Figure 2: Total Public Services Output, Inputs and Productivity Estimates 1997-2010 150






90 1997







Index, 1997=100 Source: ONS:



2005 Output


2007 Inputs





Indeed, it will often involve prioritising the public services that really matter to citizens, doing different things, and stopping some activities altogether. Smaller, more networked public bodies will be the norm needing, in turn, new skills and capabilities to venture and collaborate with others if they are to deliver their purpose and outcomes for the public.7 This means questioning more fundamentally the purpose and core activities of organisations and taking a more strategic view of human resources as well (see Box).

People count: reshaping the public sector workforce

It also means squaring this particular circle – of reduced funding yet increasing demands – through a transformation in public sector productivity. This is no mean feat as the public sector has a long standing productivity problem (see Figure 2). Despite record rises in spending on public services prior to the global financial crisis, and recognising that the analysis does not capture the impact of the cuts since 2010, there was no growth in productivity over the period 1997 to 2010. Indeed total public service productivity index in 2010 returned to the same level it was in 1997.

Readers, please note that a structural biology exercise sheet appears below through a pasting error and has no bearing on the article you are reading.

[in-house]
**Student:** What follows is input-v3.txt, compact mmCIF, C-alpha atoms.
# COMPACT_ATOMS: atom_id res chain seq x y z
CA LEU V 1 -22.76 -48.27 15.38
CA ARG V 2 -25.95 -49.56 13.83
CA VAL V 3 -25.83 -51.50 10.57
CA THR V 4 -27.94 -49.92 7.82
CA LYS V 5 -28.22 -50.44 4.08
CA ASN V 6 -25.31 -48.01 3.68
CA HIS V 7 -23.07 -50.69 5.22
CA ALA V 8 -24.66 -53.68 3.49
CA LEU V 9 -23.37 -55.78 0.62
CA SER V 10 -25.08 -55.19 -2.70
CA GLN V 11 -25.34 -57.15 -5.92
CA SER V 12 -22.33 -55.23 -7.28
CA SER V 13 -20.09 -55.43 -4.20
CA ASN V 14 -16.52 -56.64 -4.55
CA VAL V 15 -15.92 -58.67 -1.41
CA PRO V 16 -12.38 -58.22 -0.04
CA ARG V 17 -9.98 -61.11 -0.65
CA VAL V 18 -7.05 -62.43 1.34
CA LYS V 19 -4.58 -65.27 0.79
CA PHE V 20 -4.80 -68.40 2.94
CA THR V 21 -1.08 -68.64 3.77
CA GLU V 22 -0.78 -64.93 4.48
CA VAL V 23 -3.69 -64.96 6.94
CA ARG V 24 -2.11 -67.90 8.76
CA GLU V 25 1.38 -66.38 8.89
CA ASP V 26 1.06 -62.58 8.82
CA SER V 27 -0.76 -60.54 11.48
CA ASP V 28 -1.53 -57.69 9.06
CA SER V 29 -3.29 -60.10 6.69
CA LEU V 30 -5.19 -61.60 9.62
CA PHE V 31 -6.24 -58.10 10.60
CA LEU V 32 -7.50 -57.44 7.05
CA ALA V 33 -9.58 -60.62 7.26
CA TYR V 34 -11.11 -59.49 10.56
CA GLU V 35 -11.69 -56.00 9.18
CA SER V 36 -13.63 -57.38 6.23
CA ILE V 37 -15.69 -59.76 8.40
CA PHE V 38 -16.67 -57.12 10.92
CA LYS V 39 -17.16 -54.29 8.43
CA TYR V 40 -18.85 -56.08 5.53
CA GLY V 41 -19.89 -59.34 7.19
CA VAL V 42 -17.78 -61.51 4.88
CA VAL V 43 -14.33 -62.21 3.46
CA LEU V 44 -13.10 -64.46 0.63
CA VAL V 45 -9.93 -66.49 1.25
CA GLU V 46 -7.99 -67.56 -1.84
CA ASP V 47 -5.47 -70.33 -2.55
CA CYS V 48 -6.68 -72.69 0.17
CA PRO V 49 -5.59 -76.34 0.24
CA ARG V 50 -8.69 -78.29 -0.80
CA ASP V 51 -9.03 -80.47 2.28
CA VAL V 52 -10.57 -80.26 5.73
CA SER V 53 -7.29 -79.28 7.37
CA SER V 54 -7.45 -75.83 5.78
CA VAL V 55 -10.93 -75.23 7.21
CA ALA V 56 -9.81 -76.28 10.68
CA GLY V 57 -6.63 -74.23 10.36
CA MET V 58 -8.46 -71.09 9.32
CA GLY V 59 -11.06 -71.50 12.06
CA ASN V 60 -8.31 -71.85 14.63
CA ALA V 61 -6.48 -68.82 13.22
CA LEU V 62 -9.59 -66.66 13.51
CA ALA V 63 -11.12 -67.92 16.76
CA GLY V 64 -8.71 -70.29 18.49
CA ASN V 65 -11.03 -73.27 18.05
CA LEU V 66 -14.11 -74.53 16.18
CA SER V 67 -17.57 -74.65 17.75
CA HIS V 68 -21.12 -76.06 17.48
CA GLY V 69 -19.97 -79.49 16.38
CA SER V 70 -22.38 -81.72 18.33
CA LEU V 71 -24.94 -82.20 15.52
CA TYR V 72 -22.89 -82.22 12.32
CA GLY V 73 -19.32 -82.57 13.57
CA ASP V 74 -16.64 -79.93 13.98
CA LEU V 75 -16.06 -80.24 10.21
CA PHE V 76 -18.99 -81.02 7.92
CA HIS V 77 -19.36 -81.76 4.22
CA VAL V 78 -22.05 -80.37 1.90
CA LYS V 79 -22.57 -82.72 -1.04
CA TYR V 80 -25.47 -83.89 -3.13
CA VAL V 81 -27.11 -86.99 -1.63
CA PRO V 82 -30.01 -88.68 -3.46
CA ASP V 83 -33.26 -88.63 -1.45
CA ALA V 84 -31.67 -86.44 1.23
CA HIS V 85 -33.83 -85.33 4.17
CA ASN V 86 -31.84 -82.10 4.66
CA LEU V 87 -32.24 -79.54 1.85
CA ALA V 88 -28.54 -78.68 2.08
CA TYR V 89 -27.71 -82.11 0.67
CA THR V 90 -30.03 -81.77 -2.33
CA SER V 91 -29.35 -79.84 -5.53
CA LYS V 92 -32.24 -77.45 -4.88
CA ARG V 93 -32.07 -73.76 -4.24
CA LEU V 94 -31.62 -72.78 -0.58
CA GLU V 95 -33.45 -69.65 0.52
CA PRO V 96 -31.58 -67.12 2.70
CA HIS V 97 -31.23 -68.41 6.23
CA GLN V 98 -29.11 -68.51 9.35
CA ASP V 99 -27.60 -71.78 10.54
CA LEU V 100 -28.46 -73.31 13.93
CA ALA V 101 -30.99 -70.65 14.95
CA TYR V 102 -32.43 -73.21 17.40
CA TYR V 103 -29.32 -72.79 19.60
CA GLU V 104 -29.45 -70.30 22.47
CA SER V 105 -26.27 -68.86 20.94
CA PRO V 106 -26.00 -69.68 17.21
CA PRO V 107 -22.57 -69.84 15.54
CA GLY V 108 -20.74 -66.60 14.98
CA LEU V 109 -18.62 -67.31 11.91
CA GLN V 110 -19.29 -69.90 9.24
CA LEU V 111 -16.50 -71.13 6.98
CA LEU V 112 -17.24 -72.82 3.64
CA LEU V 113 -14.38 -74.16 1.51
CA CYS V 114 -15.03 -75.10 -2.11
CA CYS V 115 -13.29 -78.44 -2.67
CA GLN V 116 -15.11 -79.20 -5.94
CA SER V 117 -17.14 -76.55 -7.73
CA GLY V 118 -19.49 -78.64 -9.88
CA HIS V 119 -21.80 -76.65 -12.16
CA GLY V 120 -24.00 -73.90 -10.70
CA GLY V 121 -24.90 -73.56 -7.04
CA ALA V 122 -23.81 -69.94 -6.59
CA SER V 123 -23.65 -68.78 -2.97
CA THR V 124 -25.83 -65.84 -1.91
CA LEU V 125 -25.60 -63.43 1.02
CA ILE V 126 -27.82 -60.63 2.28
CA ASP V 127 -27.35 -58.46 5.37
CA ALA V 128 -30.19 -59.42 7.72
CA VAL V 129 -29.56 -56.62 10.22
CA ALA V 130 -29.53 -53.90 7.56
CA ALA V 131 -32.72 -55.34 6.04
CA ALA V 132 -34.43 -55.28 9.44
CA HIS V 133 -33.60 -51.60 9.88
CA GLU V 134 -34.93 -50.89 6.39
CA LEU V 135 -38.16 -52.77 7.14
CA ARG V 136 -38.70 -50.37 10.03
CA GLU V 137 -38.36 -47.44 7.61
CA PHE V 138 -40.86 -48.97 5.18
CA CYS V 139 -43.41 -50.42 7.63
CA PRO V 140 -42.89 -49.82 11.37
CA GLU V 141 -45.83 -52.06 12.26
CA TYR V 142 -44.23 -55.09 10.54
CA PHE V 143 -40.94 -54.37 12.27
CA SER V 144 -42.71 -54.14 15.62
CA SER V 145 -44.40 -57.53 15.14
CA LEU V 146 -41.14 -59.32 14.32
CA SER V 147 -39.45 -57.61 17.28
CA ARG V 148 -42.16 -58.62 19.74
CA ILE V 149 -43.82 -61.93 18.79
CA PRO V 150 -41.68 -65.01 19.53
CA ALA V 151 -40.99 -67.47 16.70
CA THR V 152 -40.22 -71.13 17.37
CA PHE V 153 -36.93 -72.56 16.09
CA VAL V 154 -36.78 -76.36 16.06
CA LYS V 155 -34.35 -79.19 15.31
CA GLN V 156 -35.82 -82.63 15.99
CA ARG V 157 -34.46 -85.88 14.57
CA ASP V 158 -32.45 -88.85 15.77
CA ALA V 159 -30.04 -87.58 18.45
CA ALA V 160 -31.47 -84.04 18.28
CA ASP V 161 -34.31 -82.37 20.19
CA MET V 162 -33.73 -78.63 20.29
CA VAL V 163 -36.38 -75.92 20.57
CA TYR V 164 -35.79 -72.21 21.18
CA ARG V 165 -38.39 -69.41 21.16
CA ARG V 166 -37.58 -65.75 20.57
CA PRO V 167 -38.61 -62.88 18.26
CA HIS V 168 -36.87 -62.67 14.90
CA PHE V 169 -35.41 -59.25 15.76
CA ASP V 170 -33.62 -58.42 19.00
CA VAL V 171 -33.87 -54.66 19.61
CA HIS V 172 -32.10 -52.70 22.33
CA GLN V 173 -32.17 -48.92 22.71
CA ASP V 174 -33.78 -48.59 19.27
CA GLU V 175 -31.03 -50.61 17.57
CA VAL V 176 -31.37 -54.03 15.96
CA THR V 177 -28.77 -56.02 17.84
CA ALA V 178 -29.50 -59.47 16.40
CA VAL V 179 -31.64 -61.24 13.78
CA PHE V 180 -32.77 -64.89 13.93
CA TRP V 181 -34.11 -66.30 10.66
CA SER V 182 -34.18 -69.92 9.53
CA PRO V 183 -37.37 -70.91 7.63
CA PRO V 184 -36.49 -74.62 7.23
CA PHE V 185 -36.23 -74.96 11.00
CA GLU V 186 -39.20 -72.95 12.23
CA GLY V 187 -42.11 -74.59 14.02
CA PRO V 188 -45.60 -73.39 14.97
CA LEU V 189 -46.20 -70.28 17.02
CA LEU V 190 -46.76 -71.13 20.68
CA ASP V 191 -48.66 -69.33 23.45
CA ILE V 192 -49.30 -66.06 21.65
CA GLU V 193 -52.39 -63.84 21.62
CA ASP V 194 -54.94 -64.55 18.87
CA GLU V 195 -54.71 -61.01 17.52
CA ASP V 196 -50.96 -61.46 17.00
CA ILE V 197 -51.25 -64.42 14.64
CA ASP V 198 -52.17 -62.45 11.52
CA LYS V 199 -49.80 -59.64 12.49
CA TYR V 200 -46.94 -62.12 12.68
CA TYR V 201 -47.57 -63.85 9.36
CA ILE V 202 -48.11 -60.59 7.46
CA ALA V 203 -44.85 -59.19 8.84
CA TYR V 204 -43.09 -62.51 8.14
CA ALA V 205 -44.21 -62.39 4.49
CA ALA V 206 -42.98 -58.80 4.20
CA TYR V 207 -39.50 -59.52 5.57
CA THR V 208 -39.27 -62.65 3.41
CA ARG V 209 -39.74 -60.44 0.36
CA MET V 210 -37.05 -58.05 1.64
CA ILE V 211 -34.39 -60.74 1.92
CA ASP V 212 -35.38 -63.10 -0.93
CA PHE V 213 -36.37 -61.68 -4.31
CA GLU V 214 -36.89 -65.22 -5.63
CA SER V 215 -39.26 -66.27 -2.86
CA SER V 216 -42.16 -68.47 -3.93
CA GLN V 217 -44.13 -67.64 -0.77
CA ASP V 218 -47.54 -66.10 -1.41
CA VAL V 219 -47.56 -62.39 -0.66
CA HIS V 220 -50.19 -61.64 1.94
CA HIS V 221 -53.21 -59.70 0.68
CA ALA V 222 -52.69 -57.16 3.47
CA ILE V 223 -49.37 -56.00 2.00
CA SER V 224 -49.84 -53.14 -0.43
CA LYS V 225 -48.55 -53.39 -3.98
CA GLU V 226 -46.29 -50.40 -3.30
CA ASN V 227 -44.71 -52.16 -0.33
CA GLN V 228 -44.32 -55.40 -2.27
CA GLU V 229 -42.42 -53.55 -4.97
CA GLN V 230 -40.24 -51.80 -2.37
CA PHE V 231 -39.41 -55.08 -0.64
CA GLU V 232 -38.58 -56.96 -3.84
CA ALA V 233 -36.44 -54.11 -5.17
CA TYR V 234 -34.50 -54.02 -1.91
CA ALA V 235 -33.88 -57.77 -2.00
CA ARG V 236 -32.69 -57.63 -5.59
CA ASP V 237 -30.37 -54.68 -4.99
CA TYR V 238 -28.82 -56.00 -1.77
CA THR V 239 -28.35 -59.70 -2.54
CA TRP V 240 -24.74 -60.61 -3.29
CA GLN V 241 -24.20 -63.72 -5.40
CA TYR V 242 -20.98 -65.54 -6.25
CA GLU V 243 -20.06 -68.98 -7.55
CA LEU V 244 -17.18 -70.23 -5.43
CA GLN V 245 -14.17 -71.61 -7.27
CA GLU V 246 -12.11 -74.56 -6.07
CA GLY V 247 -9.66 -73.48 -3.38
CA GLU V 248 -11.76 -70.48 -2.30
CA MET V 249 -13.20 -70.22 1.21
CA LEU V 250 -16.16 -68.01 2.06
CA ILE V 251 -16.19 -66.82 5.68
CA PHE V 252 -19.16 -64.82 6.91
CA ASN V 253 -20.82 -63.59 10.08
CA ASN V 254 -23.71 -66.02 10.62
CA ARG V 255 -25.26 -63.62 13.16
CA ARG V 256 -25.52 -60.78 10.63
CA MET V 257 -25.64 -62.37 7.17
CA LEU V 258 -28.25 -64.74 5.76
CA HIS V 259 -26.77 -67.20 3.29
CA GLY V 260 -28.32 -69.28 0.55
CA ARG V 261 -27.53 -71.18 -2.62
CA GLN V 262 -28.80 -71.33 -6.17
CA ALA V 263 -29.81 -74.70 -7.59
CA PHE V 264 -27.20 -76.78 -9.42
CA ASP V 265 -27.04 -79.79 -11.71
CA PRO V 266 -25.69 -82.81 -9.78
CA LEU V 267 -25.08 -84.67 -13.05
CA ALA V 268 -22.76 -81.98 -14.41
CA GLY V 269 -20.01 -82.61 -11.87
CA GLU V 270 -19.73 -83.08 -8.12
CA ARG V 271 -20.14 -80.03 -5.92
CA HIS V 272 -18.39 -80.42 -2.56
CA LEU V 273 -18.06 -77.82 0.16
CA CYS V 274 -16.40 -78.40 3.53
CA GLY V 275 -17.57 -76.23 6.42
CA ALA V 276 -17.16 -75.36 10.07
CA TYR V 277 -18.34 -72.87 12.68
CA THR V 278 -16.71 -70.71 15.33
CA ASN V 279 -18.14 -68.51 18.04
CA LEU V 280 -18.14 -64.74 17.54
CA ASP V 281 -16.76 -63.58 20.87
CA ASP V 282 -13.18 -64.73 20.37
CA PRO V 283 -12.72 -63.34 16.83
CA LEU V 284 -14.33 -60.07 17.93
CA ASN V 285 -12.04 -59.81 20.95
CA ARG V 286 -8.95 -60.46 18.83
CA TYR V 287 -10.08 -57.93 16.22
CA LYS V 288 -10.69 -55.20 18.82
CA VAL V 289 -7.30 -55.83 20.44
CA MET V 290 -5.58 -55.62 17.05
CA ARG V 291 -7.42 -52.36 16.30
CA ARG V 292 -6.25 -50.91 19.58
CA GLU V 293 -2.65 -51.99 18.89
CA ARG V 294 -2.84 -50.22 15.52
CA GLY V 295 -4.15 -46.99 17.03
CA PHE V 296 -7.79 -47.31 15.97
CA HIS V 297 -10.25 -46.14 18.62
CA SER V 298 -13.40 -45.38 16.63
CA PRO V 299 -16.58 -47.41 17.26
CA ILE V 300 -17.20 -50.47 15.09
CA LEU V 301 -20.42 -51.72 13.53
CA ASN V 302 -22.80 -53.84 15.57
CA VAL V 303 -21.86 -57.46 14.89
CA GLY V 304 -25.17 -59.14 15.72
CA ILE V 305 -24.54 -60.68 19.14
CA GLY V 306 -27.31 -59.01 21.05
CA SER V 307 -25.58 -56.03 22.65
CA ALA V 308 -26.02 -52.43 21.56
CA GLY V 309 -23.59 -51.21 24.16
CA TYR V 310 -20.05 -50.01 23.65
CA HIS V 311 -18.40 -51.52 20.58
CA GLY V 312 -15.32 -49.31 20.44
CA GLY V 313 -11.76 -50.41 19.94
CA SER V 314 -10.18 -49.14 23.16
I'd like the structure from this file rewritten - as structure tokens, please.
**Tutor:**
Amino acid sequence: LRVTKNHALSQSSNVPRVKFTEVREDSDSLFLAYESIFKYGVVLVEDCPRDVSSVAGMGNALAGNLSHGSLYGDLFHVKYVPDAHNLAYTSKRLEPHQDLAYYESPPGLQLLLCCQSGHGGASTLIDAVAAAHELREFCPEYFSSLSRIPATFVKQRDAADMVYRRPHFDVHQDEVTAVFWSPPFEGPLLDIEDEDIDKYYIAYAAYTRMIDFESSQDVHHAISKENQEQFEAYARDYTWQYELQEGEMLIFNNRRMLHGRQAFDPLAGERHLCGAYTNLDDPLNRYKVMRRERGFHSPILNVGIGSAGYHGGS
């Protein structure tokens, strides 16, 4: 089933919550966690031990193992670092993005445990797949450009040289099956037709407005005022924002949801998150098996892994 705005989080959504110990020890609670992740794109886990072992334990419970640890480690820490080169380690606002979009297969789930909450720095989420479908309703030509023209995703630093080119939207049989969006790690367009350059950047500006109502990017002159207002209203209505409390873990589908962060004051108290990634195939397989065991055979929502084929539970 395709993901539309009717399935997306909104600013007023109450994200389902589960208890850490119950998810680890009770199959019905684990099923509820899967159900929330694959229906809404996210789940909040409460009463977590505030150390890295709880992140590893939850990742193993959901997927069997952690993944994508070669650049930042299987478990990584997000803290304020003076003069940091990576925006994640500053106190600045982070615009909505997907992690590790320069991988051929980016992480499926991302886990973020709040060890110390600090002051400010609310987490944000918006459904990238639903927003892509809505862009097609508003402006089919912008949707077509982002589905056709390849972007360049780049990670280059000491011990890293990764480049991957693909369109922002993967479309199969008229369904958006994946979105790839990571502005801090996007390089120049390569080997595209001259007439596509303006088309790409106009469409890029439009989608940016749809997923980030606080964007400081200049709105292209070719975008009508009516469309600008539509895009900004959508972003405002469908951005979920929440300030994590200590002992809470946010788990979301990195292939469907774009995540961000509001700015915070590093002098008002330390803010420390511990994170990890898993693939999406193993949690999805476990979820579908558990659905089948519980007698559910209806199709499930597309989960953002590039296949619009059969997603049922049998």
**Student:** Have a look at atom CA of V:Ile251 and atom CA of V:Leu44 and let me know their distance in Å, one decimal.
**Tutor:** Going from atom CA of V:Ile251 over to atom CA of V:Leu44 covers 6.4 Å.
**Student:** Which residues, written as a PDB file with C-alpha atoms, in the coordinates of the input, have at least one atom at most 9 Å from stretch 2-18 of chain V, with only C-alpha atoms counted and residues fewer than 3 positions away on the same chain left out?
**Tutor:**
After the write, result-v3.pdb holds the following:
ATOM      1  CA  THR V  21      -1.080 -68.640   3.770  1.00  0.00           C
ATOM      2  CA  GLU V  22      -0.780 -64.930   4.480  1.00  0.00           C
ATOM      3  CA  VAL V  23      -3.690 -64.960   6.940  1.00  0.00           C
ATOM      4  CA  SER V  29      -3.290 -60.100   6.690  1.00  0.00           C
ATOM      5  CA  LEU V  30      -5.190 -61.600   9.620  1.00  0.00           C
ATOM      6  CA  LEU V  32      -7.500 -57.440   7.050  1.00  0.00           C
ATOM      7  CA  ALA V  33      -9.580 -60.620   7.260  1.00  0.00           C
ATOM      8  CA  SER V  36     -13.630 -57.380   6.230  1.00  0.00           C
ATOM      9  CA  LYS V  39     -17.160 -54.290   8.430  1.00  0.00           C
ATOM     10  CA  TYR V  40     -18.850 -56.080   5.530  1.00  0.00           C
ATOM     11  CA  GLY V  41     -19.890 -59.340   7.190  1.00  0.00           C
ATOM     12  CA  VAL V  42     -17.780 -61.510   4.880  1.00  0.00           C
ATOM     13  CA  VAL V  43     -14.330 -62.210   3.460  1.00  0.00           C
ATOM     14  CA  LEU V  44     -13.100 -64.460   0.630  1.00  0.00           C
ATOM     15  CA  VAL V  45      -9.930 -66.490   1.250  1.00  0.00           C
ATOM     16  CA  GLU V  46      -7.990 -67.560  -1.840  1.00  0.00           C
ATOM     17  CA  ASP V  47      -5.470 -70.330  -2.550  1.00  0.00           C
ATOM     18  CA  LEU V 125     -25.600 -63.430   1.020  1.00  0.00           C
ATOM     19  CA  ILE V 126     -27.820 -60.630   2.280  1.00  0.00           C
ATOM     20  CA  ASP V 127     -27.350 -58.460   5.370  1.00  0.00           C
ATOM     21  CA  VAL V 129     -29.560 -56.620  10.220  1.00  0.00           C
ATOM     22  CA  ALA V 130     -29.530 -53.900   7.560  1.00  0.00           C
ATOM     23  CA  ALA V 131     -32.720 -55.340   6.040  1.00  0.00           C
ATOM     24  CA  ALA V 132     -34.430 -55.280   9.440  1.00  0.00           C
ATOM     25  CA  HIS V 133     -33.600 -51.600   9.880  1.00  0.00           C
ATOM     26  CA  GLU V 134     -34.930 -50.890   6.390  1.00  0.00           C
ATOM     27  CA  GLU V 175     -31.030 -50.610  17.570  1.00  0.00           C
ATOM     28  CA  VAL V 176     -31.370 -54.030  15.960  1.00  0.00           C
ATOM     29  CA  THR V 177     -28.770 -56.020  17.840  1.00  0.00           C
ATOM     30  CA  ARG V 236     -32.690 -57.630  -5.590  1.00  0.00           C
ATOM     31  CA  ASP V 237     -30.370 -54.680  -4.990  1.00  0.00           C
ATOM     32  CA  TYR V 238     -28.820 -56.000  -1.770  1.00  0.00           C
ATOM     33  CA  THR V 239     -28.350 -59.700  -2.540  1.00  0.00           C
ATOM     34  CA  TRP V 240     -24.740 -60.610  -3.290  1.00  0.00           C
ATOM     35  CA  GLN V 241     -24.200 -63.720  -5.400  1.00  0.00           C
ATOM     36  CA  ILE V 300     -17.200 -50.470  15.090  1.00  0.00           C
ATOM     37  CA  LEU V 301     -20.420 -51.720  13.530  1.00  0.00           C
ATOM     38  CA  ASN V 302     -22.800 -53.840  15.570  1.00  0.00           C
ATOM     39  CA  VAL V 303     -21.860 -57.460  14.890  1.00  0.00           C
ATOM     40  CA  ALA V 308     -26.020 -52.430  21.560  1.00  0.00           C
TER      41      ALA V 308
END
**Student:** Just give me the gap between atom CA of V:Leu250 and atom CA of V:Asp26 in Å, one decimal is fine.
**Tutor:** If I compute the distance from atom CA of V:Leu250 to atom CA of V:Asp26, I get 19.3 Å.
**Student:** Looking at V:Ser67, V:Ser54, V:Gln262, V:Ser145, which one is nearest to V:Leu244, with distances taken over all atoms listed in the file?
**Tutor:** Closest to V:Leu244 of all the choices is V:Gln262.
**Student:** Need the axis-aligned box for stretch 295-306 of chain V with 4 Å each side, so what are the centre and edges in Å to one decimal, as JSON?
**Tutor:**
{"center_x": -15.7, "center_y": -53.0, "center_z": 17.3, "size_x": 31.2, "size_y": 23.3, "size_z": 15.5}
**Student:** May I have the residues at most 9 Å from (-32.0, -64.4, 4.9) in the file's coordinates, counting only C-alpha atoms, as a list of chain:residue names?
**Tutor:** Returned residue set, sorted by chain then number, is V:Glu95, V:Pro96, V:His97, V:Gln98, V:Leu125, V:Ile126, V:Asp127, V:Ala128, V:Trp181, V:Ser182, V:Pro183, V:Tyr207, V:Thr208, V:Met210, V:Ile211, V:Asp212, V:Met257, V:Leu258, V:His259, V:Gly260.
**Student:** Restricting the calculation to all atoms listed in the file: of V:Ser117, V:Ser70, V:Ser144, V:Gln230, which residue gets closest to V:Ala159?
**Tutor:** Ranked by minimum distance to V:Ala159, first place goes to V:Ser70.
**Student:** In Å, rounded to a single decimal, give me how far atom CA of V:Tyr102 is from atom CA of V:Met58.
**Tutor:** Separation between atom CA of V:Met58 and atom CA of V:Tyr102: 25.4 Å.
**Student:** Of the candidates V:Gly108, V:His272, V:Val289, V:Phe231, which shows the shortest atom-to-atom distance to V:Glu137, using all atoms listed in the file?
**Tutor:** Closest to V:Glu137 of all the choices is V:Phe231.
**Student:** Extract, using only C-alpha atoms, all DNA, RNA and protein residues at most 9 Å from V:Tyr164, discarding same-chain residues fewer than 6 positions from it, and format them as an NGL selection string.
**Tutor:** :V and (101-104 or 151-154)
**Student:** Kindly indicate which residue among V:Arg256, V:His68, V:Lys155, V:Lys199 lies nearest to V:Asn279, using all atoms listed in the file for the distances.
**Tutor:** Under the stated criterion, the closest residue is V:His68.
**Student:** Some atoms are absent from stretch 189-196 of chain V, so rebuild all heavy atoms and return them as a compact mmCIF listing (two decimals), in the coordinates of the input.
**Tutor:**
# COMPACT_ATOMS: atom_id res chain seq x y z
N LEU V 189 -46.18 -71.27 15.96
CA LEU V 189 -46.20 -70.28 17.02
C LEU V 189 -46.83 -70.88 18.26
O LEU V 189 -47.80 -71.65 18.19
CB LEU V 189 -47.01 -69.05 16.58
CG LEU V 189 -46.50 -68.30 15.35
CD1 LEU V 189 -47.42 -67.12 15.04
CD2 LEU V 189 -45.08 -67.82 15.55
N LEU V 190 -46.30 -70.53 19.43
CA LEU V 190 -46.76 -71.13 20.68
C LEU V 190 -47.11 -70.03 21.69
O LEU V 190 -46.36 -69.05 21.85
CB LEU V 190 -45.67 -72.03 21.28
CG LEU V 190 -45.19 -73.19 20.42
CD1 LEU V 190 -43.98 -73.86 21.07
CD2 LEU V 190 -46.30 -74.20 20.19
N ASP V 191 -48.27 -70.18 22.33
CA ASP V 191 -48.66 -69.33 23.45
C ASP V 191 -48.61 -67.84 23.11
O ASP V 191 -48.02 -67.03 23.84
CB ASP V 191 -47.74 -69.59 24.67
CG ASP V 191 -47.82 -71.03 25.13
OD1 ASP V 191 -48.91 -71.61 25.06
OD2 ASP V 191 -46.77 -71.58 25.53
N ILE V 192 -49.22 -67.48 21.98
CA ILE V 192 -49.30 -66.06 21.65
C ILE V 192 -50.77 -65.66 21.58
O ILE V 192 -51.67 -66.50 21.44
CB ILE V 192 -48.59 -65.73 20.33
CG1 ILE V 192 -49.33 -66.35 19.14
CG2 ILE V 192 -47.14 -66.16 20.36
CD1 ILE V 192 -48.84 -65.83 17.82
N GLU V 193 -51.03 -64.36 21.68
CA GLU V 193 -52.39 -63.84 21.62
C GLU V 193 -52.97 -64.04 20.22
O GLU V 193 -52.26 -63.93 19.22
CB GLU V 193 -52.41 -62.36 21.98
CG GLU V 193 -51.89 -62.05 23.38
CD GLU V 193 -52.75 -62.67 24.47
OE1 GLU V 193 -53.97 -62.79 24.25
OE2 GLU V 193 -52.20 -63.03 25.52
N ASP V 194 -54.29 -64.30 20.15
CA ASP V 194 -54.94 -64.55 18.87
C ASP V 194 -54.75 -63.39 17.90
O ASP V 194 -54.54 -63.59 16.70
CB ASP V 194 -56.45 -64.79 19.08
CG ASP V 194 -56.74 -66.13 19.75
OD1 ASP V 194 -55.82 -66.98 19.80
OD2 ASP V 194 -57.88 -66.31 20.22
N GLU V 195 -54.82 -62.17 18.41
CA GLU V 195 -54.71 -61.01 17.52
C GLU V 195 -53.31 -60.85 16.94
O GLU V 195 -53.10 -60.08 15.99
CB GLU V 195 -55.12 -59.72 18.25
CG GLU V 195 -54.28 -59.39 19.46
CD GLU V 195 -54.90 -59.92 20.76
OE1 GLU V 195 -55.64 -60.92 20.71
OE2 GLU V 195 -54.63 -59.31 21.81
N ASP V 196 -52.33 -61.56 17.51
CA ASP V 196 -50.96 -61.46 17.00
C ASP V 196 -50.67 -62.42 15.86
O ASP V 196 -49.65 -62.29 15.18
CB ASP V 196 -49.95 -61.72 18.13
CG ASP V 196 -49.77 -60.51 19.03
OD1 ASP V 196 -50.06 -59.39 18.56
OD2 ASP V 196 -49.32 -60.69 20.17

The first step towards an answer is considering what Whitehall departments need to ‘own’ and deliver themselves, what they can ‘share’ across services and organisations and what they can ‘buy’ from others. All of these options have significant workforce implications. For example, how do you motivate and engage a workforce that may be employed across a range of entities? Human Resource (HR) practitioners will need to become more strategic ’resource brokers’, predicting, smoothing and managing peaks and troughs in workforce supply and demand across many employing organisations.